Art & Identity

Elizabeth Catlett's sculptures and Faith Ringgold's story quilts at the BMA present universal truths and tensions through the eyes of African-American artists.

February 01, 1999|By JOHN DORSEY | JOHN DORSEY,SUN ART CRITIC

It's impossible to think of a better pairing of artists than Elizabeth Catlett and Faith Ringgold. Two separate one-person shows of their work opened side by side at the Baltimore Museum of Art last week, and they have a chemistry that comes from dealing with the same subject matter in strikingly different but equally impressive ways.

Seeing the two of them together is like listening to two great voices sing a duet in which the words are different but the melody unites them. The melody in this case is that both are African-American women whose work deals with being African-American and a woman but, at the same time, has a breadth of appeal that knows no boundaries.

Yet each explores her themes in ways independent, original and brilliant. Catlett is a sculptor, whose show "Elizabeth Catlett Sculpture: A Fifty-Year Retrospective" brings together 55 of her works from 1946 to 1997. Ringgold has created an art form called the "story quilt" that combines painting, quilting and story-telling. "Dancing at the Louvre: Faith Ringgold's French Collection and Other Story Quilts" presents 21 of her quilts created since 1980.

The two artists complement one another in multiple ways. Cat-lett's work is classic, spiritual, timeless and endowed with quiet authority. Ringgold's quilts are bright, lively and word-oriented. Where Catlett's stylized, slightly abstracted human forms come out of mid-century modernism, Ringgold's work comes from a postmodern sensibility. She borrows from and depicts older artists, such as Manet, van Gogh, Picasso and especially Matisse, and she deals directly with modern-day social issues including race, gender and family.

Catlett's work possesses a continuity and consistency that spans decades and reveals a mastery of diverse materials. Her "Pensive" of 1946 in bronze, "Pensive" of 1963 in cedar and "Torso" of 1985 in mahogany are variations on the theme of the individual lost in thought. Yet each has a separate identity -- the first sad, the second hopeful, the third resigned -- so that they do not seem repetitious.

Similarly, her several renditions of "Mother and Child" from 1956 to 1993 share the theme of love but achieve variety in materials (wood, terra cotta, marble, bronze) and scale (11 1/4 to 67 inches tall). But in their dignity and depth of emotion, they achieve monumentality whatever the size.

Catlett has said that she depicts the African-American woman because that is what she knows best. But the appeal of her work is universal because of her theme: the nobility of the human spirit, its capacity for love, devotion, selflessness and goodness. Those qualities speak not only through the expressiveness of her figures, but through the polished, shining beauty of her surfaces. Light caresses them, as if the outward manifestation of an inner glow.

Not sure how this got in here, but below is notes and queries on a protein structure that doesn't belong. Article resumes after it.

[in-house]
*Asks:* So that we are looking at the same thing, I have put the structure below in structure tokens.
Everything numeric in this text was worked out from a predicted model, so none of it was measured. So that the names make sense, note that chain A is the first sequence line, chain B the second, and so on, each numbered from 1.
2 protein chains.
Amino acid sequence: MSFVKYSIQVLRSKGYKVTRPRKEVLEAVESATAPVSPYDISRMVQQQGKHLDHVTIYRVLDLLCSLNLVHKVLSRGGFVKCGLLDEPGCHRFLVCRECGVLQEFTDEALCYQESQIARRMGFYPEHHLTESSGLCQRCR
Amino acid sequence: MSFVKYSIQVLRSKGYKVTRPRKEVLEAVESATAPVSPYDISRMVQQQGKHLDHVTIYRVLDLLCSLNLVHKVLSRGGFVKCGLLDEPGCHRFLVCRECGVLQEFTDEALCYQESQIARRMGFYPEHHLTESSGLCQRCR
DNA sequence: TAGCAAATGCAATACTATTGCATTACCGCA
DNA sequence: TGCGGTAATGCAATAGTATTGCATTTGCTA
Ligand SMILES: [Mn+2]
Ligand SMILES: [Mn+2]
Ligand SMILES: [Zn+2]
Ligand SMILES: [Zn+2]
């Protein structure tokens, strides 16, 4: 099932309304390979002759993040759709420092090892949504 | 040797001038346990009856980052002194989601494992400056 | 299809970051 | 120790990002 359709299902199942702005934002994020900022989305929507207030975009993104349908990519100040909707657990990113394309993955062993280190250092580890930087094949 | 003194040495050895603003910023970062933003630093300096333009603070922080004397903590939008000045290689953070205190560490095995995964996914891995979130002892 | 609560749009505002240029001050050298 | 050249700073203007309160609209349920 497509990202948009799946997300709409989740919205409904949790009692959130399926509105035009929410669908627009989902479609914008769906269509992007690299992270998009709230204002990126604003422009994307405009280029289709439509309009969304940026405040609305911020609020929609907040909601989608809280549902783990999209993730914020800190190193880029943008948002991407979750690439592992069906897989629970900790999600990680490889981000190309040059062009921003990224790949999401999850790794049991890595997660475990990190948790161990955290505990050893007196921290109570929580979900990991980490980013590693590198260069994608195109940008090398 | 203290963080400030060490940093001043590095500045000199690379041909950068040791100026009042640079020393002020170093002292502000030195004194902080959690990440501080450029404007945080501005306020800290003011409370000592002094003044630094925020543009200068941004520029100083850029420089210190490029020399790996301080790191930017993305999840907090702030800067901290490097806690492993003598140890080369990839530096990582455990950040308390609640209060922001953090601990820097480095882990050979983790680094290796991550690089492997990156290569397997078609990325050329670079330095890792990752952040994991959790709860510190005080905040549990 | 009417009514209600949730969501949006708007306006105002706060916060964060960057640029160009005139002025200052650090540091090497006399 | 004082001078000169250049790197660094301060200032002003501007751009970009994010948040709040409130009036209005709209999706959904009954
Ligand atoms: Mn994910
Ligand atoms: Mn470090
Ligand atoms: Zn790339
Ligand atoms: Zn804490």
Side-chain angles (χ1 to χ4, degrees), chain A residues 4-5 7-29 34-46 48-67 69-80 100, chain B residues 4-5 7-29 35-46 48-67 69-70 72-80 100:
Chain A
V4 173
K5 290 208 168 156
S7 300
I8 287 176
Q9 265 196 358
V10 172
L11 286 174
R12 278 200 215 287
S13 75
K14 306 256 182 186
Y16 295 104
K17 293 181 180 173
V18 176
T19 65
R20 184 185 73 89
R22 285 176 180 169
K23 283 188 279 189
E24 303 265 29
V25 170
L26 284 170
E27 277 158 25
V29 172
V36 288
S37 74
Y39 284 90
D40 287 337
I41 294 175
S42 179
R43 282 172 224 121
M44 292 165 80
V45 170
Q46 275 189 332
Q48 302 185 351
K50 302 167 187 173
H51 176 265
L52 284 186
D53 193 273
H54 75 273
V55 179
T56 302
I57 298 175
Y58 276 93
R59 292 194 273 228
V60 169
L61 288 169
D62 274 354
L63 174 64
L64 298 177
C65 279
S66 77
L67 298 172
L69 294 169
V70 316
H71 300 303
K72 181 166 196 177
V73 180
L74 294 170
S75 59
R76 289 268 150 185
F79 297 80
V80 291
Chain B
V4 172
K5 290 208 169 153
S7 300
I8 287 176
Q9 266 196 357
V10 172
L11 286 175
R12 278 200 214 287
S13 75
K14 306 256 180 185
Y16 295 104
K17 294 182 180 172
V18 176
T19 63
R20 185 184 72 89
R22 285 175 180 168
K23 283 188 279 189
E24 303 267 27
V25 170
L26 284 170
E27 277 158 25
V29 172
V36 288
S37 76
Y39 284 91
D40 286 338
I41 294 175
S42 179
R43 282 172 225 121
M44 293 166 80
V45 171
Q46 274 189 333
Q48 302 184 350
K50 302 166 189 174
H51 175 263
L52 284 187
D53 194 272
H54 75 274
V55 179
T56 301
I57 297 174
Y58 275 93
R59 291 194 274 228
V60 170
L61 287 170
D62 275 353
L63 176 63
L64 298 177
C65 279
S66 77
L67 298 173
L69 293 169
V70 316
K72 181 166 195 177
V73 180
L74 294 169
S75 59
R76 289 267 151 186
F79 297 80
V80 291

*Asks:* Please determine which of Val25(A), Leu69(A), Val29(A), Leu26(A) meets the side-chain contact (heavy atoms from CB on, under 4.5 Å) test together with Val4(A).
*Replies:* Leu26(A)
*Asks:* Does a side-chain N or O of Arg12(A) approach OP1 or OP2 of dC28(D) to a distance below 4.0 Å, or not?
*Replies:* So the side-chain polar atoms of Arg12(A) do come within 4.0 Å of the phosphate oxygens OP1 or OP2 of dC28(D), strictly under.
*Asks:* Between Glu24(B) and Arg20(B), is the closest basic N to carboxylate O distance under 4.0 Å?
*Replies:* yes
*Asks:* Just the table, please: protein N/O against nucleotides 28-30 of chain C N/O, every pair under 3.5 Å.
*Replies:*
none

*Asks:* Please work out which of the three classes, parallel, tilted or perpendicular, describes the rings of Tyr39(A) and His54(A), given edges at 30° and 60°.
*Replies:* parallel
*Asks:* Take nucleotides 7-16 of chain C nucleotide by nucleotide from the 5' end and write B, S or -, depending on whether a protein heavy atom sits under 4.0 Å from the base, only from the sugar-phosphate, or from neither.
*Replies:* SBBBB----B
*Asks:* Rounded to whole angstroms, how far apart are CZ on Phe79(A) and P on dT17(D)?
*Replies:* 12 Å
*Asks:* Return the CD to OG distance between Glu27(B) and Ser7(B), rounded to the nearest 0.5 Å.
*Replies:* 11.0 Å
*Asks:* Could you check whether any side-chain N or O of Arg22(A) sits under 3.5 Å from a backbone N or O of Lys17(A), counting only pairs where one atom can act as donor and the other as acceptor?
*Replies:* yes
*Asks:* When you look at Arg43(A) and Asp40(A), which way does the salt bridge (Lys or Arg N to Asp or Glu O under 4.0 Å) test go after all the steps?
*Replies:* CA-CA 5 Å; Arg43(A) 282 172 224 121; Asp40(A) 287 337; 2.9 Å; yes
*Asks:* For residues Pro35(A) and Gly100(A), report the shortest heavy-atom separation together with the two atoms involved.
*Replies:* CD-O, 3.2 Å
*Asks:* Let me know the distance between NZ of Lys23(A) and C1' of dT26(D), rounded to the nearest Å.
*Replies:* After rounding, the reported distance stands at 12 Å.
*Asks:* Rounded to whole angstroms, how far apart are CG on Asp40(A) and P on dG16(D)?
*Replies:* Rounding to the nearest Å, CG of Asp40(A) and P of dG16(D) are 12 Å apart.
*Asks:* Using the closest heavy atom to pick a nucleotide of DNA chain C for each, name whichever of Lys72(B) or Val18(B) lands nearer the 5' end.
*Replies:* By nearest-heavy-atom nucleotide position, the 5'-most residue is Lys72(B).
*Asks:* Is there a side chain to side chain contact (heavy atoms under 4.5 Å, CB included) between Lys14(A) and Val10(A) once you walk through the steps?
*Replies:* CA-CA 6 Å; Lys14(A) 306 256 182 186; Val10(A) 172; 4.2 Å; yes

When Catlett gets most specific, her work can be effective but less deeply moving. "Homage to My Young Black Sisters" (1968), with its upraised arm, and "Target" (1970), showing a young man as if seen through the sights of a gun, look a little obvious. "Black Unity" (1968), on the other hand, possesses a winning originality. One side shows two faces; the other side shows not the backs of their heads but a clenched fist.

Ringgold created her first combination of painting and quilt-making with her mother, Willi Posey, when the two collaborated on "Echoes of Harlem" in 1980. After Posey's death the next year, Ringgold further developed the form. It became a central image painted on canvas stitched to resemble a quilt, surrounded by a border of pieces of patterned fabric stitched together like a quilt. And she added stories, written right on the surface of the work.

She began to work in series, such as the five-part "Women on a Bridge" (1988), including the beautifully executed "Tar Beach" (a family picnics on a roof as a daughter dreams of flying over the George Washington Bridge).

Between 1991 and 1997, Ringgold created an epic 12-part series called "The French Collection" (of which eight are on the national tour). In it, the fictional character and Ringgold's alter ego Willia Marie Simone travels to France in the early modern period and has a career as an artist, model and cafe owner.

In the course of the series, she poses for Picasso and comments on modernism's debt to African art; celebrates the great African-American performer Josephine Baker; and brings together great black women of history (Sojourner Truth, Harriet Tubman, Mary McLeod Bethune, etc.) and great black and white male and female artists of history (William H. Johnson, Archibald Motley, Edmonia Lewis, Lois Mailou Jones, Elizabeth Catlett, Henry O. Tanner, Vincent van Gogh, Paul Gauguin, Henri de Toulouse-Lautrec, etc.)

Willia acts as an advocate for African art and African-Americans, men and women, artists and others. But she also brings black and white people together in interracial harmony.

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